But something strange did happen to me one day. I was very tense and finally gave up trying to analyze myself and fight the strange thoughts and I just relaxed. At that point all of a sudden I was calm, felt like the disturbance in my mind was gone. I felt like time came to a standstill and I was experiencing the moment.
Over the course of the next few years, I have tried and am able to produce this (not sure how to define) and feel normal.

Somebody pointed me to mindfulness which is the same thing.

How to reproduce this

Now if someone who has schizophrenia wants to try this out, I am not really sure how to explain it.
Mindfulness is the way to go !!

Try letting your thoughts and everything on you mind go and let something around you occupy your mind. Like the thought in your head should be replaced by the object you are seeing. 
When that happens you will notice and observe things about that object and feel like you are noticing it for the first time. Its really not that simple to do and I have got it wrong so many times before getting it right on a regular basis. And I cannot even do this when I am doing something intense like (programming or watching a movie).
Best of luck !!

What happens with me

Some of the symptoms I am able to overcome when I renew that feeling are
  • Depression ( I am cheerful like i feel that life is worth living)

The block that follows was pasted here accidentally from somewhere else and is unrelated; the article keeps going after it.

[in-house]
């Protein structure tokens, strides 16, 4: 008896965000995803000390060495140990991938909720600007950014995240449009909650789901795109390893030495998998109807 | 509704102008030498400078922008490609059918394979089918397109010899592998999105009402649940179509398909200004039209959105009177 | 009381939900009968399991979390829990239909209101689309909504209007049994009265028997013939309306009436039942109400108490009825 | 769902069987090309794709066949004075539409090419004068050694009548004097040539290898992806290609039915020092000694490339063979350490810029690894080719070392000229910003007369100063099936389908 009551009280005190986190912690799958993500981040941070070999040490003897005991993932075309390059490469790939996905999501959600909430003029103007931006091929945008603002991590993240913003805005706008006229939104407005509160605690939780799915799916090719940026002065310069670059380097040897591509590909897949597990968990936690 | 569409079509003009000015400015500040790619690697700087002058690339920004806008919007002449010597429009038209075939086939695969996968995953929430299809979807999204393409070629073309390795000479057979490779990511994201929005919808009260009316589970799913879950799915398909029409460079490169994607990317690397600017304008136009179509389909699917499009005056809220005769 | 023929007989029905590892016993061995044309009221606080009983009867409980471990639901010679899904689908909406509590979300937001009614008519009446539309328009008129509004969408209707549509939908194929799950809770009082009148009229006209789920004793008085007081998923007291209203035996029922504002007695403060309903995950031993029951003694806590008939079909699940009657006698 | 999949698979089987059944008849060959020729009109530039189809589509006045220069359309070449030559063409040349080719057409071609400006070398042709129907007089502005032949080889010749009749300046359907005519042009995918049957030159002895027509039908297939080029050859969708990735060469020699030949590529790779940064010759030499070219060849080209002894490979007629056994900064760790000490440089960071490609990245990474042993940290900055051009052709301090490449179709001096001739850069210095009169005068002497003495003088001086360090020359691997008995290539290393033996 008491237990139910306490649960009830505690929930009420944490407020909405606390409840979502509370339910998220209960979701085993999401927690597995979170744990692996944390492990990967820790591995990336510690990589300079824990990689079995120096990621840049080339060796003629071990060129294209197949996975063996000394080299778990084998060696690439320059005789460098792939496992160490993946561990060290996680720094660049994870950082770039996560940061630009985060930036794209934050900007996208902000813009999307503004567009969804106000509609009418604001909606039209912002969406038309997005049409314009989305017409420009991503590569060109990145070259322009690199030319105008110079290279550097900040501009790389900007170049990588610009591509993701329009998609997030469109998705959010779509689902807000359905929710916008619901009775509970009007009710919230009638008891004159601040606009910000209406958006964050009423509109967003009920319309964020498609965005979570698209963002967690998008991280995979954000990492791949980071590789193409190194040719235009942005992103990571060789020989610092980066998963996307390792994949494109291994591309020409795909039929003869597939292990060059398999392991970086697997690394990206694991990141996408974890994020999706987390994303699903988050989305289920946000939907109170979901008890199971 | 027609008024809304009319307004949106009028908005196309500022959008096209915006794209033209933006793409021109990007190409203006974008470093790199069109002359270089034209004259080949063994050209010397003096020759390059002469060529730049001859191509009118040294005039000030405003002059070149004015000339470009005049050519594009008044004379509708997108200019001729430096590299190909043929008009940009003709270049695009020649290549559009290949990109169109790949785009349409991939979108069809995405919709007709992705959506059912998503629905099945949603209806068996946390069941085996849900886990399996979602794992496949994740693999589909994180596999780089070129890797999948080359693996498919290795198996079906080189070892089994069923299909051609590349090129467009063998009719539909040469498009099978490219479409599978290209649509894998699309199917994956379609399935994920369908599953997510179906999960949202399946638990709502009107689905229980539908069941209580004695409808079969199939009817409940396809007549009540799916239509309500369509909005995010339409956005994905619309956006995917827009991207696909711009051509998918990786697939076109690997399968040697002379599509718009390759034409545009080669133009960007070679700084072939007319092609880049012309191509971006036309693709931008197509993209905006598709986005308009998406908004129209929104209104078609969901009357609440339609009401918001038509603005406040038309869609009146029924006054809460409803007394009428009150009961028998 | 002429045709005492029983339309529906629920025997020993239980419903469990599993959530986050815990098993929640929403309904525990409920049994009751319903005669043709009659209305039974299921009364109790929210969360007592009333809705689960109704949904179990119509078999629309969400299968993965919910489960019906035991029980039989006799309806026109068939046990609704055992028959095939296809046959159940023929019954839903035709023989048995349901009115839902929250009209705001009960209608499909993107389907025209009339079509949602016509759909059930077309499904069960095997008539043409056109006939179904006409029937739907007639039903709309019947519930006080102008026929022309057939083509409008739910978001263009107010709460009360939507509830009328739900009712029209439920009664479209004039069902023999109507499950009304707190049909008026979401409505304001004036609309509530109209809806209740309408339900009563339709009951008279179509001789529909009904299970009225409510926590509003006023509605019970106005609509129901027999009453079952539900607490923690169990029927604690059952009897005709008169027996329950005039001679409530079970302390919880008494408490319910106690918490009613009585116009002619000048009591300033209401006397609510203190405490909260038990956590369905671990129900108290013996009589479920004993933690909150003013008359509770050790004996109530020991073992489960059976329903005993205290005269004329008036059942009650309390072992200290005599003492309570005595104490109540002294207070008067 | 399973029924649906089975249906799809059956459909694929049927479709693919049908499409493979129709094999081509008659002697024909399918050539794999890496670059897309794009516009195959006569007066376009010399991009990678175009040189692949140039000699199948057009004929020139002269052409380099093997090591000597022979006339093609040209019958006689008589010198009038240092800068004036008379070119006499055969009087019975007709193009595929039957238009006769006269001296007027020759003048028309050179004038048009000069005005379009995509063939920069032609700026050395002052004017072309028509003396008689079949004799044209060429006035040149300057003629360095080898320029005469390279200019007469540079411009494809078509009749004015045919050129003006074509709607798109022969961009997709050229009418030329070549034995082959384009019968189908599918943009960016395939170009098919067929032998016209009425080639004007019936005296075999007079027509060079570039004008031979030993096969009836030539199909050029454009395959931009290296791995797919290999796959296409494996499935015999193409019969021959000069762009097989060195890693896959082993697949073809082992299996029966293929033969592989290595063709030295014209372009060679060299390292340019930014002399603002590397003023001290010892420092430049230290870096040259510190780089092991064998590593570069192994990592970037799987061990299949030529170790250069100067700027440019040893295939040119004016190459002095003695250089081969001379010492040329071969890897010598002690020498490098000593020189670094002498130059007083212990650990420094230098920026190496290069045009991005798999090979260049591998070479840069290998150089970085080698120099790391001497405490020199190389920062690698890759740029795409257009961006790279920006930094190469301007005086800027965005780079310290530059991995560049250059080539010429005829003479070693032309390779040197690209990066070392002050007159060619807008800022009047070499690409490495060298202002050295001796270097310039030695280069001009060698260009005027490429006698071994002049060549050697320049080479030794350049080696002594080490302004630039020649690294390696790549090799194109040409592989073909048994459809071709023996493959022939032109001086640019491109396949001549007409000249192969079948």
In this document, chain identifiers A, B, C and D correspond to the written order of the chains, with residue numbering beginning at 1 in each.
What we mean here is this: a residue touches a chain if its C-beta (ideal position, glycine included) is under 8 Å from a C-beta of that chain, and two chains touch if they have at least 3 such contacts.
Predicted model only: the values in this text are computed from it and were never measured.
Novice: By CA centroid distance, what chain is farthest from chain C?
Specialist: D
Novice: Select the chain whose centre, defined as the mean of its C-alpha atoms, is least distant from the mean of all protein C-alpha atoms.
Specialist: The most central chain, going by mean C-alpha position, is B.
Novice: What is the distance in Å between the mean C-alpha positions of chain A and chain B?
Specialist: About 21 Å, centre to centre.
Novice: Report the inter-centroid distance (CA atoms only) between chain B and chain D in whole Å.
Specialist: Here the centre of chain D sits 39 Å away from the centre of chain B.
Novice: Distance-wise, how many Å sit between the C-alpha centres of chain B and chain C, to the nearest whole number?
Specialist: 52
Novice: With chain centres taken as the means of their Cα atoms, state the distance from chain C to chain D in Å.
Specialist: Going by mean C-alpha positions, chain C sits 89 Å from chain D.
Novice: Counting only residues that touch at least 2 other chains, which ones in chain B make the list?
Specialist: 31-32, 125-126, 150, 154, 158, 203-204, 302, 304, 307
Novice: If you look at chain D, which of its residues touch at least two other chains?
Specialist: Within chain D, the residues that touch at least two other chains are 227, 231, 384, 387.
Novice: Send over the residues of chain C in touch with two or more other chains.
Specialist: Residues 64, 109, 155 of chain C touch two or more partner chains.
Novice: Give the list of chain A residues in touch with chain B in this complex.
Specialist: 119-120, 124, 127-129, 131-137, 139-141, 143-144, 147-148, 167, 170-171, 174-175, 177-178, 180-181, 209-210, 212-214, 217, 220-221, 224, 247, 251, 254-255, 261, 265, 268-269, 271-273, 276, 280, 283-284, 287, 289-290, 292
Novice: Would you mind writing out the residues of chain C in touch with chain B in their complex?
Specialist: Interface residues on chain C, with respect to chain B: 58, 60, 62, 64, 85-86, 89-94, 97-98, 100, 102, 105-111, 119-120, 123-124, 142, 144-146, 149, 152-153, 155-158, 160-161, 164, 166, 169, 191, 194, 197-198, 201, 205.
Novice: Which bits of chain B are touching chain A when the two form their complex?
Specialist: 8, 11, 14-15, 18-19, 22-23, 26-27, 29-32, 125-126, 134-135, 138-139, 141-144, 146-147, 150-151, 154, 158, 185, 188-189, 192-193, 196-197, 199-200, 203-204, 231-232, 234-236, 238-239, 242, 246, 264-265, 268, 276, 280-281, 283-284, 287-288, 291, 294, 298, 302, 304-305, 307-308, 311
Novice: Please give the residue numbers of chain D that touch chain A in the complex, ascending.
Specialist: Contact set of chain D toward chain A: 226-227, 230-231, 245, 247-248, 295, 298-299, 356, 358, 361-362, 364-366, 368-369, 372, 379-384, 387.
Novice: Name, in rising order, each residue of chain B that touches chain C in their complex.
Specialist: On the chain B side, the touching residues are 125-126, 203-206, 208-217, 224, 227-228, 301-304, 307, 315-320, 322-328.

• I am aware of my body language all of a sudden.
  • I am motivated to do things like meet people and have a few laughs or read/connect with  people when I am talking 
  • Disturbances in my head are gone.
  • I am relaxed and feel like I am experiencing the moment & not just passing by.
  • I feel like I am noticing things around me which I did not earlier.
  • I stop pacing around
  • I feel smarter for some reason like things and my own life do not seem that complicated. I feel like I am able to see things clearly. 

Open Questions and Next steps

Now I do not know how to take this forward unless someone else can do this.
Whether I should let myself become an object of some experiment and go under ER scanner or something to see if some chemicals are produced in my brain when I do this ?
If someone is reading this, can you please comment ? 

Well, Is it that simple ?

I do not have visual or audio hallucinations. I get only strange thoughts. I guess the positive symptoms I had were not extreme. So I was able to do this and manage without meds.

Medicines only concentrate on the positive symptoms, and I do believe what I am able to do should help people with schizophrenia.


  1. Somebody pointed me out to this -


  3. Hi Moon, I would love to interview you about schizophrenia. I am a student at Arizona State University and I am currently doing research on this subject. Please email me at if you are interested.